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Fashion Insider Anne Slowey on the "Monastic" Experience of Working in Irving Penn's Studio

In celebration of Pace Gallery's exhibition "Irving Penn: Paintings," on view through Oct. 13.

Installation view of "Irving Penn: Paintings" (Photo: Courtesy Pace Gallery © The Irving Penn Foundation)

In celebration of Pace Gallery’s current exhibitions, Surface spoke with the mentees of photography masters whose works are on view. “Irving Penn: Paintings” is on view at Pace Gallery through Oct. 13.

The name Irving Penn brings to mind iconic, magical imagery—mostly as it relates to fashion and beauty. But Penn actually made his foray into artistry as a painter; the medium would bookend the beginning and end of his career.

Where Penn’s photography depicts “magical moments”—ones in which fastidious planning and austerity would culminate in a perfect image—stylistically speaking, his paintings couldn’t stray further in the opposite direction. Pace Gallery is currently celebrating the artist’s lesser-known work in the medium with its exhibition “Irving Penn: Paintings,” which displays paintings from his later years.

In the 1980s, Anne Slowey had the good fortune of being assigned to Penn’s studio via her first fashion job at Vogue, which happened to be during the height of Penn’s contributions to the glossy. Some 30 years and a lifetime of perspective later, Surface asked Slowey to reflect on the year she spent working alongside Penn in his studio.

Irving Penn, "The Alchemist," New York, 2005 inkjet print and watercolor on paper mounted to aluminum overall, 24 3/4 X 19 7/8 inches (Photo: Courtesy © The Irving Penn Foundation).

You worked with Penn for about a year. I would love if you could give some color to the experience and describe what the studio was like, what the energy was like, and what your working relationship was like.

I obviously was very well aware of his work as an artist, and so naturally, just the fact that I would find myself—this kid from Indiana—in a studio with such a renowned artist was mind-blowing to me. And what I noticed right off the bat, he’s very ordered. He’s very controlled. The environment was very controlled. It was very white, and it was very pristine, it was very clean. He had only guys working for him. There weren’t any women working for him, except for the models, and obviously Andrea and myself.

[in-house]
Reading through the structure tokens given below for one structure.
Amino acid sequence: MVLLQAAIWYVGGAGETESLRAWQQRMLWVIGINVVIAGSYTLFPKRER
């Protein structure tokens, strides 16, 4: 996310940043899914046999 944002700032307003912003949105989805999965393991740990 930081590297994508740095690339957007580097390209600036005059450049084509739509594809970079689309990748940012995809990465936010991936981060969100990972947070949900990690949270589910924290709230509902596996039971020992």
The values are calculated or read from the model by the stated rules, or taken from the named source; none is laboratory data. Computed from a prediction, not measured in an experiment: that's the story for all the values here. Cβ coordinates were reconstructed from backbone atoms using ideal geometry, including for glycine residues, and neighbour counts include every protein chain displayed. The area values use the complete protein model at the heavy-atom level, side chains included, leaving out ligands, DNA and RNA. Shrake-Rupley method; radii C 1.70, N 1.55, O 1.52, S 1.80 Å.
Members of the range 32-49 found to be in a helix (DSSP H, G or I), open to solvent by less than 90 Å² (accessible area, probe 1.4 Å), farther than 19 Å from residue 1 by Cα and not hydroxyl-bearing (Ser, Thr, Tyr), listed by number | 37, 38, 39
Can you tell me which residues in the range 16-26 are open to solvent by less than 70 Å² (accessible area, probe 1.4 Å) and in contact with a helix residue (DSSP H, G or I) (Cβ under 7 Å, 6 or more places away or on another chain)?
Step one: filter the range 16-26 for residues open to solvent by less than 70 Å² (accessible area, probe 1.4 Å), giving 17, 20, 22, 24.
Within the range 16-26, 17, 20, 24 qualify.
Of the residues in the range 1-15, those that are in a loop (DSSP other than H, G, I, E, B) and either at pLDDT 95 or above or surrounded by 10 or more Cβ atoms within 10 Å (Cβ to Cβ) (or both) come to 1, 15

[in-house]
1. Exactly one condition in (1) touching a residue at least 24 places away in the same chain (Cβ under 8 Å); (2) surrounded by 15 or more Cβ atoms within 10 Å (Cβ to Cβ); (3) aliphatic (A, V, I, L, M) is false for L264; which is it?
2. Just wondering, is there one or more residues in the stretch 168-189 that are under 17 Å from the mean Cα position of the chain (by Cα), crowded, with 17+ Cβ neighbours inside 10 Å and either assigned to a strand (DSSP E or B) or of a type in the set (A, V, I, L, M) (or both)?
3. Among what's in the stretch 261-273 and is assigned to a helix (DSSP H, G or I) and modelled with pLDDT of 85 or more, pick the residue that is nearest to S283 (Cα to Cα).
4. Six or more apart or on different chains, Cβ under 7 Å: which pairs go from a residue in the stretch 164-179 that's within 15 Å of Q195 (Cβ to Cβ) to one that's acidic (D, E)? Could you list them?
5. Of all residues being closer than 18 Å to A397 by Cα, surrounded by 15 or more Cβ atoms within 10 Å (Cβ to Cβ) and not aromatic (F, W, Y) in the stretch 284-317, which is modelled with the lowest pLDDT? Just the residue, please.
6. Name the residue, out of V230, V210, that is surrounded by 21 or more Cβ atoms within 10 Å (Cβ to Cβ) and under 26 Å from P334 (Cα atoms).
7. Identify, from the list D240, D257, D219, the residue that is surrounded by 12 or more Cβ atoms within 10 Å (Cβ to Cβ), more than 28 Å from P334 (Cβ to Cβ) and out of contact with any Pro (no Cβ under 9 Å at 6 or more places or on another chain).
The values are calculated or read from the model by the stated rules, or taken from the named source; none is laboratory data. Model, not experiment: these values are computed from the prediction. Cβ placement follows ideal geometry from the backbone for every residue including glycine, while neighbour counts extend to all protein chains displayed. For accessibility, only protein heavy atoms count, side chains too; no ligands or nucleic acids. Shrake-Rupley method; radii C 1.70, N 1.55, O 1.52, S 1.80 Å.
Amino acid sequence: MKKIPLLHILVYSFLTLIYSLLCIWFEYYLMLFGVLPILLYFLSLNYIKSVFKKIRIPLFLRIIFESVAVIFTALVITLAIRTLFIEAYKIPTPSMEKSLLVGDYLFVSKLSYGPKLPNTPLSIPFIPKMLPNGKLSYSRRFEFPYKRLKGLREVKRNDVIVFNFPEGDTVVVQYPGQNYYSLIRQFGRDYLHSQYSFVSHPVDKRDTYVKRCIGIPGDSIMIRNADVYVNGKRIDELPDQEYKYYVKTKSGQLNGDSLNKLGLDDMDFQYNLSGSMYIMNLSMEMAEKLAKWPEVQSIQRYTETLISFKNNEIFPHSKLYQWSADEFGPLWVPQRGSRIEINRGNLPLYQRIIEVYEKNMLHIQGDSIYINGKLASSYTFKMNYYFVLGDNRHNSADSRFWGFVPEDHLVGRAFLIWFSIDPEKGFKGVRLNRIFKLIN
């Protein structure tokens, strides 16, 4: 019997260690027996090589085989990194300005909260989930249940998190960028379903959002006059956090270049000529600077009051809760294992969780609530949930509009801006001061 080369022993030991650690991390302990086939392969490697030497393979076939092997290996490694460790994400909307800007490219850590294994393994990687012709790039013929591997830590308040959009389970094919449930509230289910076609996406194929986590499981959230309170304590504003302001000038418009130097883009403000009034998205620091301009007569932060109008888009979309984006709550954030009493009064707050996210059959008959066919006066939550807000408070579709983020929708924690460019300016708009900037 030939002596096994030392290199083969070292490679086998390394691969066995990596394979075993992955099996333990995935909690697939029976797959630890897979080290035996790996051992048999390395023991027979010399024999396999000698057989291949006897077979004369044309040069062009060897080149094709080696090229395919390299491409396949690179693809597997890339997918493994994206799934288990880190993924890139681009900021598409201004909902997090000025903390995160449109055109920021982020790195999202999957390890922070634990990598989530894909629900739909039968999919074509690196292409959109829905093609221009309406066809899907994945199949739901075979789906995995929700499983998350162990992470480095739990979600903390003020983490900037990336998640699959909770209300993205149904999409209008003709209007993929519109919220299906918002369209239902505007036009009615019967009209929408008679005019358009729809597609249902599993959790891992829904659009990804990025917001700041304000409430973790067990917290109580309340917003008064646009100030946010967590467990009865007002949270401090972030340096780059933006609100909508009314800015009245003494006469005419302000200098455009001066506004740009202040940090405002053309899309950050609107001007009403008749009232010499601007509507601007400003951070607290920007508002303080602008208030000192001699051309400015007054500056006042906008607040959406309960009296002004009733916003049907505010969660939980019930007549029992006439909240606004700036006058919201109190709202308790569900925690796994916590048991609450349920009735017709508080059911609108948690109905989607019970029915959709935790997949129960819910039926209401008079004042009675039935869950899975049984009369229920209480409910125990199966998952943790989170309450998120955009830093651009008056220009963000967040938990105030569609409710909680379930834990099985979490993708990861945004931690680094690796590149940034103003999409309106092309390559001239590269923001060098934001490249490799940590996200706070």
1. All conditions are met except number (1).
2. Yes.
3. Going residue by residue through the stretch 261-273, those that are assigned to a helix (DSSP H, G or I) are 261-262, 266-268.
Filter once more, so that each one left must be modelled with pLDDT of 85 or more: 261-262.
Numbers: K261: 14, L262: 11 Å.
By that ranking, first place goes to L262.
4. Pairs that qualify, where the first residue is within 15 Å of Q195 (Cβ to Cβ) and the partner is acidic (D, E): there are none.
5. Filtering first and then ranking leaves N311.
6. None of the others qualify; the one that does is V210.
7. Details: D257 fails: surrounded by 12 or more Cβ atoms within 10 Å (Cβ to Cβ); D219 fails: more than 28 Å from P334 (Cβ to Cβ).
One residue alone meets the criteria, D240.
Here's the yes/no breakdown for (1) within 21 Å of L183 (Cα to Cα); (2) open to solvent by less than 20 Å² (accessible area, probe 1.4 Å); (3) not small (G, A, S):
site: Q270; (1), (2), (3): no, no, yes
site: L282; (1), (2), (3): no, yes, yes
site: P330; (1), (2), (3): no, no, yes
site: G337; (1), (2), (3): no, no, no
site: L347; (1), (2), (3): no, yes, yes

My job as Andrea’s assistant was to be the first person there representing Vogue, and I would do everything from unpacking the clothes to receiving and signing for the catering, and so I got to know his assistants very well. One of my first days there, Yasmin Le Bon was supposed to be there, and she didn’t show up. Somebody called and was getting nowhere with the modeling agency.

Somehow, I ended up with her phone number. I’m not exactly sure. I might have gotten it from the bookings editor at Vogue, but I remember that … it might have been my first day in the studio, actually, and I was like, “I’ll call her.” You know, that kind of Midwestern can-do [attitude], and I just picked up the phone. I remember she clearly she said she had the cramps, but probably was hung over, and at least I assumed she was hung over.

I don’t know if “charmed” him was the right word, but I think he was bemused because I sort of scolded her, and was like … “I don’t care if you’re dead. You need to be in the studio now!” And of course, she didn’t come in, because she wasn’t feeling well, but anyway, I think he got a kick out of me.

I remember one of the other things he said to me right off the bat … I’m not a gum chewer, and I remember one of the first times I was in the studio, somebody had some gum, and I ended up with some gum in my mouth, and I must have been manically chewing this gum, because he was just staring at me for a while. Then finally, he just said in a very composed fashion, he’s like, “Do you always chew your gum so frantically?”